"What is your idea of giving or sending samples of your goods?"
    "I think it is a very good plan. In the first place it conveys the idea that you have an honest confidence in your own goods. Secondly, it secures a trial of your goods, whjich, if meritorious, is certain to lead to future custom, and thirdly, it impresses the public with your generosity, and removes the popular impression that all advertisers are "graballs." Again, it is but fair to the public that it should first try a strange article that you want it to buy. Sampling is a costly process, but it pays, and pays well, provided, of course, that your goods are all right."
    "Do you use many country newspapers?"
    "Quite a number, yet in spite of their low rates it would surprise you to learn that they do not pay us so well, proportionately, as the city papers. The bulk of our trade, in fact, is among the society ladies of the big cities throughout the country."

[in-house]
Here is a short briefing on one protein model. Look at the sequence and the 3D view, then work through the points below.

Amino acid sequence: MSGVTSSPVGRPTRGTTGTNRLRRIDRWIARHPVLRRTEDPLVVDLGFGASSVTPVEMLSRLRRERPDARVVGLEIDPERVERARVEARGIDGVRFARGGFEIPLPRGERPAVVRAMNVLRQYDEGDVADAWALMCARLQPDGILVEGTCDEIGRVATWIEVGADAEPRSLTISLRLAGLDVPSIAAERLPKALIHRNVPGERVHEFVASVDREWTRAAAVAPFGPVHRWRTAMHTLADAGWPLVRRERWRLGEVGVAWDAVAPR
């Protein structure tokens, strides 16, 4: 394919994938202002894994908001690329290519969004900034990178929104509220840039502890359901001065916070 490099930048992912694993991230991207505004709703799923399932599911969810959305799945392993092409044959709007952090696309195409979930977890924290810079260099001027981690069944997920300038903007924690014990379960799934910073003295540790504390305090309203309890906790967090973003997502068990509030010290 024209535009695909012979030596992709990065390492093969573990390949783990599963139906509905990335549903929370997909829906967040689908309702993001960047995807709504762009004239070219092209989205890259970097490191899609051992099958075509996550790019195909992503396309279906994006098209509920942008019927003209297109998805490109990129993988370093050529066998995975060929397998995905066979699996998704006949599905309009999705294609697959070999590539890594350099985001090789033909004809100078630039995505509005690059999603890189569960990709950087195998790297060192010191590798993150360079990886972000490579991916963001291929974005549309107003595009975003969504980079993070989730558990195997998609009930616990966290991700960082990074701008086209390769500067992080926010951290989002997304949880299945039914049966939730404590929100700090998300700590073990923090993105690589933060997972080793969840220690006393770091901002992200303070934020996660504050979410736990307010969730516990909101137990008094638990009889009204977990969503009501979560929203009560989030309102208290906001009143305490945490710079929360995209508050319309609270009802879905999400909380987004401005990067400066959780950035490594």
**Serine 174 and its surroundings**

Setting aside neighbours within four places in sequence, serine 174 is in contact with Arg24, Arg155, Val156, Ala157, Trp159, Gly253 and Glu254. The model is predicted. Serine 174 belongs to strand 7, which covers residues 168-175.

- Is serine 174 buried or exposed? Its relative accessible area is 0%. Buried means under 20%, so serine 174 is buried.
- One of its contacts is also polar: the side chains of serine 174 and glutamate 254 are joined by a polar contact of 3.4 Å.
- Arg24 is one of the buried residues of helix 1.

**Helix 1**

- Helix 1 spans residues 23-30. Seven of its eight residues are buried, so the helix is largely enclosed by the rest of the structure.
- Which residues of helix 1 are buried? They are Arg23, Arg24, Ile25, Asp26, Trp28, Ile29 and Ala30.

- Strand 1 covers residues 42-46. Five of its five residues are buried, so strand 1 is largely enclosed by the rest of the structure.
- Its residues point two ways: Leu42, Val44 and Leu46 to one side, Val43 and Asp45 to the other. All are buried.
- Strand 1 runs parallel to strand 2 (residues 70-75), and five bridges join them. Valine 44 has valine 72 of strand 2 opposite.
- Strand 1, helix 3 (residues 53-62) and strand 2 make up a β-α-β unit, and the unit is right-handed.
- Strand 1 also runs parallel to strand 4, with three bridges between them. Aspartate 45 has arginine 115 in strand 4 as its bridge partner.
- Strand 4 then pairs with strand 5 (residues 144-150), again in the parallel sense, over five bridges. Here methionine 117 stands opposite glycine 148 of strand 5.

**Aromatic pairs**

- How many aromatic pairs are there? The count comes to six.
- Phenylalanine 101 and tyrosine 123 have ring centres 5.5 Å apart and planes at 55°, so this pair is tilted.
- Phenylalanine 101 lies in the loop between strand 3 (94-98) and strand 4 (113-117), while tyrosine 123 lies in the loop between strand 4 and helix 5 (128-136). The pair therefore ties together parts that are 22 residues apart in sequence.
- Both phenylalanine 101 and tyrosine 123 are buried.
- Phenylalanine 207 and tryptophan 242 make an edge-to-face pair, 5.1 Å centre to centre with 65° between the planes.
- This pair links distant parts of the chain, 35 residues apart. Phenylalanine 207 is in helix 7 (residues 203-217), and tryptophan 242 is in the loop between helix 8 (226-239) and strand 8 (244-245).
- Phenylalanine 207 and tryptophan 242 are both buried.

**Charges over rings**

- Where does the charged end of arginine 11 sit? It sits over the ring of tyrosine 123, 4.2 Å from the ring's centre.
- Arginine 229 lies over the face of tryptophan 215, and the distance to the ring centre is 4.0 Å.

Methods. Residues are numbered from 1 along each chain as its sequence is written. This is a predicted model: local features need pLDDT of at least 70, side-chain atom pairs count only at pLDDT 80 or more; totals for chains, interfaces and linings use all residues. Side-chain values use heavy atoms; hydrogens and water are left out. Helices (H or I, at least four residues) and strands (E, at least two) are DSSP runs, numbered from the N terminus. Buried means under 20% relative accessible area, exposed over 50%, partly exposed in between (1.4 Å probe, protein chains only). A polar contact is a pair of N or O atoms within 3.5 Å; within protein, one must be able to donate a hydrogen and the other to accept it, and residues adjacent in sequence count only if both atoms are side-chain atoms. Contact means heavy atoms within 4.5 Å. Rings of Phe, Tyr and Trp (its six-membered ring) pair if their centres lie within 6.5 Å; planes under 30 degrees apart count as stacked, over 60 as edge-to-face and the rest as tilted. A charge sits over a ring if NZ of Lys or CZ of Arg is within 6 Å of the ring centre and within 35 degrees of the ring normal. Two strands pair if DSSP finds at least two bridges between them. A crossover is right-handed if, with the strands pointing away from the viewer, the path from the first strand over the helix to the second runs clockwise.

"I presume that druggists generally handle your goods?"
    "Yes, and department stores also, and the latter sell ten times as much as the former. Nevertheless, we sell a vast quantity of goods by mail. Ladies prefer to deal with us direct, even though they can buy our goods at cut rates in some of the stores. They are, perhaps, somewhat timid about asking in person for the Face Bleach. It is a much easier matter to send for it by mail, in spite of the extra cost."
   "I must thank you, Mr. Hill, for the courtesy of this interview."
    "PRINTER'S INK is welcome to know what I know about the advertising of our goods. Kindly give my regards to the Little Schoolmaster."
Printer's Ink : A Journal for Advertisers, June 22, 1898